Wednesday, May 4, 2016

Animals in The Hobbit

Prompt from the Tolkien Society:  Carefully read the book you want to work from if you have not already done this. Note down and think about all the different kinds of animals Tolkien writes about. Are they friendly to the characters, or dangerous? Are they like the animals in our world, if not, how are they different?

First up, a bit of catch up.

Today's essay is about the animals in The Hobbit.  We are introduced to the following animals which I will discuss in this essay: Eagles, bees, a collection of animals belonging to Beorn, partially including Beorn himself, spiders, and a thrush.

First, the Eagles.  The Eagles are first described in the chapter Out of the Frying Pan and Into the Fire.
"There was a howl of anger and surprise from the goblins. Loud cried the Lord of the Eagles, to whom Gandalf had now spoken. Back swept the great birds that were with him, and down they came like huge black shadows. The wolves yammered and gnashed their teeth; the goblins yelled and stamped with rage, and flung their heavy spears in the air in vain. Over them swooped the eagles; the dark rush of their beating wings smote them to the floor or drove them far away; their talons tore at goblin faces. Other birds flew to the tree-tops and seized the dwarves, who were scrambling up now as far as they ever dared to go."
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 Since The Hobbit is told from the perspective of tiny Bilbo, the eagles are described as being scary and large, as well as "dark".  Notice some of the key words used in association with the eagles, many of which have negative connotation "beating wings", "smote", "talons tore", and "seized".  Bilbo expresses severe concern at the Eagle's eyrie, and mild distrust toward the large birds.  He is skeptical toward their promise not to eat him, and he even goes so far as to question their way of obtaining food, saying that it may not be entirely honest.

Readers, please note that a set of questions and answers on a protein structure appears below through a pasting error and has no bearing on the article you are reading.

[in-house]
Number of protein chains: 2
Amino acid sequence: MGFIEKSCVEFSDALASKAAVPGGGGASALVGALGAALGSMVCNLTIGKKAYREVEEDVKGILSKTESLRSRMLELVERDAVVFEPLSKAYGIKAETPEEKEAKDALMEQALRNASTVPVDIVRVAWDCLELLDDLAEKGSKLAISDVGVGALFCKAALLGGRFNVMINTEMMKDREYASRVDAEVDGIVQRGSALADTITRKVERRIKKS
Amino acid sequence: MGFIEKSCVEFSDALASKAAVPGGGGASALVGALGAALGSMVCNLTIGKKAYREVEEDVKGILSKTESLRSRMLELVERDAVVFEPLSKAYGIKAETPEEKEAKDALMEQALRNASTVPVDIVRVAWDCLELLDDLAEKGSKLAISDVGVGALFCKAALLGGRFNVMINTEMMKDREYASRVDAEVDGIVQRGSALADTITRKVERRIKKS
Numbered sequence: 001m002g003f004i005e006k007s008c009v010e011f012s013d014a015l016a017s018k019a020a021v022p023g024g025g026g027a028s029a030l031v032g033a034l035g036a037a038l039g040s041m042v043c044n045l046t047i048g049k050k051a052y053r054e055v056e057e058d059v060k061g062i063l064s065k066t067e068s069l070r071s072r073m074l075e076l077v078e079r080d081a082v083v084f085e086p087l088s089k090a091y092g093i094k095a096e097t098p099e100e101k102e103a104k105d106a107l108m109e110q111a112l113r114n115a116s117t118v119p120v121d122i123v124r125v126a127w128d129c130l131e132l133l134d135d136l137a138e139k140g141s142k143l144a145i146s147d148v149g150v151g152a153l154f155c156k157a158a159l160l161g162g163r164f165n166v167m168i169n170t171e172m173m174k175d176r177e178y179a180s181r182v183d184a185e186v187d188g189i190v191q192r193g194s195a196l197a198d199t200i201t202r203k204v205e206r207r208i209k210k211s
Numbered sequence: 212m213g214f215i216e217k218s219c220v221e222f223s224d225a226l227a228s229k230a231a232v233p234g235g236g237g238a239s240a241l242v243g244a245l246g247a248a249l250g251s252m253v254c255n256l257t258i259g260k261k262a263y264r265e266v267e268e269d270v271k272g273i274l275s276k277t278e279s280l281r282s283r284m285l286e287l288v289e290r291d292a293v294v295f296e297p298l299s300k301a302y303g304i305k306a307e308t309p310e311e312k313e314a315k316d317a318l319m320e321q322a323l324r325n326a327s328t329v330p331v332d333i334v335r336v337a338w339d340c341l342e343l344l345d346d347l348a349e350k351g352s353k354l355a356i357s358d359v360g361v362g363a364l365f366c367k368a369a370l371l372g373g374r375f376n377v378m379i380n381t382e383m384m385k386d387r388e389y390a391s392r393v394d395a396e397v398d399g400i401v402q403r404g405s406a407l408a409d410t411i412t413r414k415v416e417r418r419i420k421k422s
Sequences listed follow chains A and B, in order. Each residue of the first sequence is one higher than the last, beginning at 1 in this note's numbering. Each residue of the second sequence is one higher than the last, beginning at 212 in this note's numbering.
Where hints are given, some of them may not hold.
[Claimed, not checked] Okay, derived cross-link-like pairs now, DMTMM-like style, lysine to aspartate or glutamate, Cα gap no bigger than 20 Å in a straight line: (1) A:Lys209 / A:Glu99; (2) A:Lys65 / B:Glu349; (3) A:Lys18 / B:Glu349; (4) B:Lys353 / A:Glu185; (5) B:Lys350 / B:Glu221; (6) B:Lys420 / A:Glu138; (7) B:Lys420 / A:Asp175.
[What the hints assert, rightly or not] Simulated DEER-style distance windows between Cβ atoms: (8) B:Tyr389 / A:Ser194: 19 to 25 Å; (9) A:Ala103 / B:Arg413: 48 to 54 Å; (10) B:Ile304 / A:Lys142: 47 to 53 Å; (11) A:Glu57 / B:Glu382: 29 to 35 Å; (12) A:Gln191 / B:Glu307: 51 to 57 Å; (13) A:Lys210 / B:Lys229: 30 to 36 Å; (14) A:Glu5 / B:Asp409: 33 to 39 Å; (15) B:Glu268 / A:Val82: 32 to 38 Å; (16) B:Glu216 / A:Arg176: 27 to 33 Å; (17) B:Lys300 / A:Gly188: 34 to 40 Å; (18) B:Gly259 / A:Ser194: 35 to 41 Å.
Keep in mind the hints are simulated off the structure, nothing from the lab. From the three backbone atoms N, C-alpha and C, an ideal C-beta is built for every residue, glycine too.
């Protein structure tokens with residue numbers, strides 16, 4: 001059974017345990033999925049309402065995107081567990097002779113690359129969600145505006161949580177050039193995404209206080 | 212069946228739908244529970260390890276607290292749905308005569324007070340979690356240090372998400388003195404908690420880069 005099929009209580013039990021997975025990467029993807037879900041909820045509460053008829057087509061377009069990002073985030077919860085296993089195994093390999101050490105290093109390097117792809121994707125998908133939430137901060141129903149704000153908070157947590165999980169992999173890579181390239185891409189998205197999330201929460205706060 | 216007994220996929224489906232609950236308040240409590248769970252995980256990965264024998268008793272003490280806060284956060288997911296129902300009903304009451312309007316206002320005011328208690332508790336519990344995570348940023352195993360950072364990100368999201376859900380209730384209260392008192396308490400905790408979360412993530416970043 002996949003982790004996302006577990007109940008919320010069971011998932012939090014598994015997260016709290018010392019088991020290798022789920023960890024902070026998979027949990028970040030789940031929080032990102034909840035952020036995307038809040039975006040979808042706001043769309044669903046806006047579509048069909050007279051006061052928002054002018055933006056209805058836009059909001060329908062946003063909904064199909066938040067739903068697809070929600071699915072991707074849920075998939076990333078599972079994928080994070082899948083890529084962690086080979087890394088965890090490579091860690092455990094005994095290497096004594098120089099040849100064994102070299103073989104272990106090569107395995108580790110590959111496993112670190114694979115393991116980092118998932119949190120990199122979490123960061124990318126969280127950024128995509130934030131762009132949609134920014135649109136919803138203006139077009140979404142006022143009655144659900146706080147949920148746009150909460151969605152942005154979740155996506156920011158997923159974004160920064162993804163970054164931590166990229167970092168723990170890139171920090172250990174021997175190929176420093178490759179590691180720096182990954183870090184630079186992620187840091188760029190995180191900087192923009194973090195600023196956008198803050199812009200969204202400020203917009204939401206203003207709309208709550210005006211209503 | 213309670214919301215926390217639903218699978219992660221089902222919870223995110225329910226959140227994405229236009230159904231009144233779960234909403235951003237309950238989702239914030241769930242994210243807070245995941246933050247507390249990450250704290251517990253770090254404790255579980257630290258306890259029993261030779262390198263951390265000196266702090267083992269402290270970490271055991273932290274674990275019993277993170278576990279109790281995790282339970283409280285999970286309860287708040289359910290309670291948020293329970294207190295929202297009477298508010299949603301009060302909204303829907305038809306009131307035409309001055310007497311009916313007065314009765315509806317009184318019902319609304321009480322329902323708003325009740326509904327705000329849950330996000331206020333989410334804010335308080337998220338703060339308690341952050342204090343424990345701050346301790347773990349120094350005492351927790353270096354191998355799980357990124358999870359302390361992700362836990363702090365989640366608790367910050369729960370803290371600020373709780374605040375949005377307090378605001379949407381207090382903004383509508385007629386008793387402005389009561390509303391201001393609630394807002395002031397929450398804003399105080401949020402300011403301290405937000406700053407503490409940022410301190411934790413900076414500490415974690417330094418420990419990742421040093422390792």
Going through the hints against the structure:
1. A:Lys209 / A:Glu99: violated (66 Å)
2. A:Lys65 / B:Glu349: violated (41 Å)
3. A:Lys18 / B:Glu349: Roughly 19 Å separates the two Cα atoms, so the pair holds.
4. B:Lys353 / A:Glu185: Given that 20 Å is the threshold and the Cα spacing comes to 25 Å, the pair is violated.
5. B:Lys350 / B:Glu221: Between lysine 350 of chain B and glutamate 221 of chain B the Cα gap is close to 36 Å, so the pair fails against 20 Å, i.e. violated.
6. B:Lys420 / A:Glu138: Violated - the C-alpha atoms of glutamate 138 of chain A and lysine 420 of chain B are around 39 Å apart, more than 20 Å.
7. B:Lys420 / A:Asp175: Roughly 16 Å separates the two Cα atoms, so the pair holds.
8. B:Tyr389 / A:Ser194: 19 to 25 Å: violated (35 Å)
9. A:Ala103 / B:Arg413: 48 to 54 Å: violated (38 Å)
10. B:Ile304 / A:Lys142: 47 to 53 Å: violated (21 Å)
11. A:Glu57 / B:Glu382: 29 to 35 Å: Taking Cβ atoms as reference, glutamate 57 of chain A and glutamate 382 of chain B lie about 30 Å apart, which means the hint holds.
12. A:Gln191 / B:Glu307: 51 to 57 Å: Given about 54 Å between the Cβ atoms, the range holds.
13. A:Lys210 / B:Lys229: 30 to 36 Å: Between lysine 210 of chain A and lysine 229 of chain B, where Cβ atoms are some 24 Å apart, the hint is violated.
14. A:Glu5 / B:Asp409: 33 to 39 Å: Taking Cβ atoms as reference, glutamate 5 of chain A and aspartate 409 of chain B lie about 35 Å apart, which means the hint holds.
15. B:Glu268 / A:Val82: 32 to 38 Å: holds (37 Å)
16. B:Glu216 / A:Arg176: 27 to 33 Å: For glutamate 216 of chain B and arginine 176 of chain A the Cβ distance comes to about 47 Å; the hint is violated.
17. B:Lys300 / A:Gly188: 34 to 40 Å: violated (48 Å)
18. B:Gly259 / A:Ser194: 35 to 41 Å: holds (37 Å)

Later on in The Hobbit, Bilbo rejoices when the eagles return after the Battle of the Five Armies saying: "The eagles are coming!"  The Eagles serve as the eucatastrophe for this battle, turning the tide unexpectedly.  At that point, Bilbo has gone through so much that what was once a source of anxiety and skepticism has become a point of elation and joy.

Another point of note in relation to the Eagles, is how different they are from what we think of as Eagles.  They are much larger, as well as sentient and organized species.  They have a king and even a little crown for him.  Why didn't Tolkien just use a mythological animal such as a griffon as his eucatastrophic animal?  I think it all goes back to rediscovery, one of Tolkien's favorite things about fantasy.  The children reading this story about large Eagles who are really part of a (and I hesitate to use the following word) magical world are prone to rethink what they know about the eagles in every day life.  When little girls are told their dolls come alive at night and play when she's not looking, she will look at them with renewed interest.  They suddenly become much more interesting.

Who could forget about the bumble bee fields of Beorn?  Everytime I read this it strikes me as odd--why is this even relevant to the story?  What do bees have to do with anything.  Today was the first time the thought actually occurred to me that maybe Beorn keeps these bees for honey?  He is a bear...